While visiting the Galapagos archipelago in 1835, Charles Darwin (1809-1882) encountered the giant tortoise and observed that, as with the finches, each island had its own unique types of tortoise. The most notable difference, it turned out, was in the shape of the shell – some giant tortoises were able to extend their necks higher than others depending on what food source was available to them. They had evolved to survive on each particular island. The giant tortoise was a staple part of the diet of the indigenous peoples and also a source of money and goods from sale and trade – Darwin ate giant tortoise on James Island.
Forty eight specimens of giant tortoise were loaded onto the Beagle, but Darwin had yet to realise their significance to his fledgling theory of evolution – On the Origin of Species was not published until 1859 – and the tortoises were eaten and the shells, crucial to seeing the differences between the tortoises on each island, were thrown overboard.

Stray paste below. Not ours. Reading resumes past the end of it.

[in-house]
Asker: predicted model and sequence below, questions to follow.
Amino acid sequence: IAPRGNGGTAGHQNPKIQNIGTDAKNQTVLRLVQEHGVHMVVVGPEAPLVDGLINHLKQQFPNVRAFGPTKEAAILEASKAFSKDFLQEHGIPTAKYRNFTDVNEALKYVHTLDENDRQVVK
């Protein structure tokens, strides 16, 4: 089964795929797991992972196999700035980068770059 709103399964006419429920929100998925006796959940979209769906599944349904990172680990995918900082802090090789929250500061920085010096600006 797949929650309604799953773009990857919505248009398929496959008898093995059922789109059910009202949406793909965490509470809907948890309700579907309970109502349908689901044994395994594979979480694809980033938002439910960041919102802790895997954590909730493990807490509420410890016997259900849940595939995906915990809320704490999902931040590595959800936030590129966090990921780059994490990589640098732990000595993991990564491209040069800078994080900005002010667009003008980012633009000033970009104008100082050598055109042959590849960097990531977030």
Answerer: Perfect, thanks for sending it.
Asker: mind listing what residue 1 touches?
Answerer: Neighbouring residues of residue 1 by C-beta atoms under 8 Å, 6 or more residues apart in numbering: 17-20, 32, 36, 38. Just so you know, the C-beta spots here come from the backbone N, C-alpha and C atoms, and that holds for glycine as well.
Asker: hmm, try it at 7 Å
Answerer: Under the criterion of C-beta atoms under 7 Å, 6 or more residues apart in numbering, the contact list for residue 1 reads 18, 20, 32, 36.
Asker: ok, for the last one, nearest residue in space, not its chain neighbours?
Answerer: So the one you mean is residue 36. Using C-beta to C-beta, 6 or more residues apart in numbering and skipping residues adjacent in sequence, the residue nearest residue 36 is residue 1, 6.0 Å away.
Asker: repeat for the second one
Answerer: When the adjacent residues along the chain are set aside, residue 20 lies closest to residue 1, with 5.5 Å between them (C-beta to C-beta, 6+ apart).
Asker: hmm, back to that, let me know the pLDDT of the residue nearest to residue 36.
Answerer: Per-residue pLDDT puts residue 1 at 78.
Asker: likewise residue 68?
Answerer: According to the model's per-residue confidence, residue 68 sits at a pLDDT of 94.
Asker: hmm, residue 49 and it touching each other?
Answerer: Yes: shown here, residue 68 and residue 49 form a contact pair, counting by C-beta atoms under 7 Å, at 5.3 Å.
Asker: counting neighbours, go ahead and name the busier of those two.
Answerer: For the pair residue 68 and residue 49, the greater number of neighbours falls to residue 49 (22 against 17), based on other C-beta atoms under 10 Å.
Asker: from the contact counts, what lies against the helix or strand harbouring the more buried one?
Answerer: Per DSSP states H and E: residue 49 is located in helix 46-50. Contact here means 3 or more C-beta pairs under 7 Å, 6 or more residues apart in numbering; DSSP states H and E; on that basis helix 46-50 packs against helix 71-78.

Two centuries of exploitation and unsustainable killing of the giant tortoise led to the loss of up to 200,000 tortoises, and by 1959 three of the originally identified populations were extinct with the remaining eleven groups seriously endangered. The establishment of the Galapagos National Park and the Charles Darwin Foundation, along with conservation efforts and captive breeding has seen the number of giant tortoises on the archipelago reach 20-25,000 today and there are currently fourteen species.